Health care challengers hold fast
A group of states and other challengers to the new health care law have urged a federal judge to act promptly to force the government to obey that judge’s decision declaring that no part of the law can be enforced. If the government is not prepared to obey the law, the challengers contended, it should try to get the ruling put on hold — although they argued that the government cannot justify any delay of the decision. This was the challengers’ response, filed Wednesday night, to the Obama Administration’s plea last week to U.S. District Judge Roger Vinson of Pensacola, Fla., to “clarify” his ruling and spell out what parts of the law — if any — would remain in effect during the government’s planned appeal.
In his sweeping decision on Jan. 31, Judge Vinson struck down the new law’s mandate that virtually all Americans obtain health insurance by 2014 or pay a penalty, and then ruled that the remainder of the 2,700-page law cannot function without the mandate, so the entire law was declared unconstitutional. The Administration did not ask the judge to stay that ruling while it appeals to the Eleventh Circuit Court, but rather said the judge should make clear just what he intended about the practical effect of his ruling.
Denouncing that maneuver as “untimely,” “unorthodox,” and “a transparent attempt” to get a stay without asking for one, the challengers urged Vinson to deny it, and to go further and refuse even to consider a stay request, should the government later make one. “If the Government does not intend to comply with this court’s order, it should seek a stay from the Eleventh Circuit without further delay or further unexcused noncompliance.” But, if Vinson opts to issue a stay pending appeal, the response added, that should be for only five days to give Justice Department officials a chance to ask the Eleventh Circuit to delay the Vinson ruling.
The challengers’ brief noted that Vinson had turned down their request to issue a formal order to the government not to enforce any part of the law, because he was relying on the government’s good faith to abide by his ruling that the entire law is invalid. The government, the brief said, now is seeking to continue enforcing at least some parts of the law, and is asking Vinson to state in a clarifying order that officials may do so. The challengers said that, if Justice Department officials, in any further filing on the “clarification” issue, indicate they will not obey the Vinson ruling, the judge should issue a binding order requiring them to comply.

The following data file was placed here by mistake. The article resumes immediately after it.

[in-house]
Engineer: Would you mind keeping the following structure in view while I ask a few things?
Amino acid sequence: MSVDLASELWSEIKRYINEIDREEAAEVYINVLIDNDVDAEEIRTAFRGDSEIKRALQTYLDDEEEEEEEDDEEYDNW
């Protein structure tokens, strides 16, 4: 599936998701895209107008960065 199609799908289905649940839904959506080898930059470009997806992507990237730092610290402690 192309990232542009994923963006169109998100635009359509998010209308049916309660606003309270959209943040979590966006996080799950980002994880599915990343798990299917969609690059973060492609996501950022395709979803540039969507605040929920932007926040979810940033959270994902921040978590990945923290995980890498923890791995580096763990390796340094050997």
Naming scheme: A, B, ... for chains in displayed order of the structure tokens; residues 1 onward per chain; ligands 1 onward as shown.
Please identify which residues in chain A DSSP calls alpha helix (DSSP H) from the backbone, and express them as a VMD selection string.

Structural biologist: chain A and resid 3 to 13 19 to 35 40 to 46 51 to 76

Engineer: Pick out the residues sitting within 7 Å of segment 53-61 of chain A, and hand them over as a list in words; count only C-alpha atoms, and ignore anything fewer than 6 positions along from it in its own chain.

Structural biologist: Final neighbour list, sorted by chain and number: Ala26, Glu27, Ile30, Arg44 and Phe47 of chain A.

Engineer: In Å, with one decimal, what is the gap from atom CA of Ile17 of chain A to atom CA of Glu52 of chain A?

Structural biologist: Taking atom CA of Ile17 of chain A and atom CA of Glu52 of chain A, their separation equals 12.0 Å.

It is merely “wishful thinking” on the part of government officials, the challengers argued, that Judge Vinson’s order should not be read as if it would not allow the health care law to continue in force, at least for those parts of it that have already gone into effect. The Vinson ruling, a declaratory judgment that the entire law is invalid, “is final and binding,” the brief asserted, and is fully operative against all parts of the law. The government’s “contention that the court needs to clarify this basic legal principle throws sand in the court’s eyes…after the court sought to accord respect to a coordinate branch by assuming injunctive relief was unnecessary.”
Quoting the Seventh Circuit Court, the challengers said that “a declaratory judgment is a real judgment, not just a bit of friendly advice.”
The challengers said the Justice Department clarification request was riddled with legal errors, and suggested that that reflected “the government’s desperation to avoid the consequences of the court’s decision.” The government, it added, appears “to be seeking two bites at the stay apple, by their delayed clarification motion and a separate stay motion to follow….The entire stay issue should be resolved here and now, because time if of the essence in this matter, and because it is obvious that [government officials] cannot meet their heavy burden to justify such extraordinary relief….[The government has] failed to satisfy any of the pertinent factors for a stay.”
As Judge Vinson had done in his initial reaction to the clarification plea, the challengers chastised the Justice Department for waiting two and a half weeks before responding in any way to the Vinson decision. The fact that the government did not file an immediate appeal or seek a stay, the challengers said, undermines any argument that officials might now try to make that government interests will be seriously harmed if the Vinson ruling takes full effect.
What the government is now actually attempting to get, the challengers argued, is a reconsideration of the decision by Judge Vinson.
Under the judge’s scheduling order for the clarification plea, the Justice Department is to reply by Monday to the challengers’ opposition. The judge has indicated that he will decide promptly.
Recommended Citation: Lyle Denniston, Health care challengers hold fast, SCOTUSblog (Feb. 24, 2011, 11:24 AM), http://www.scotusblog.com/2011/02/health-care-challengers-hold-fast/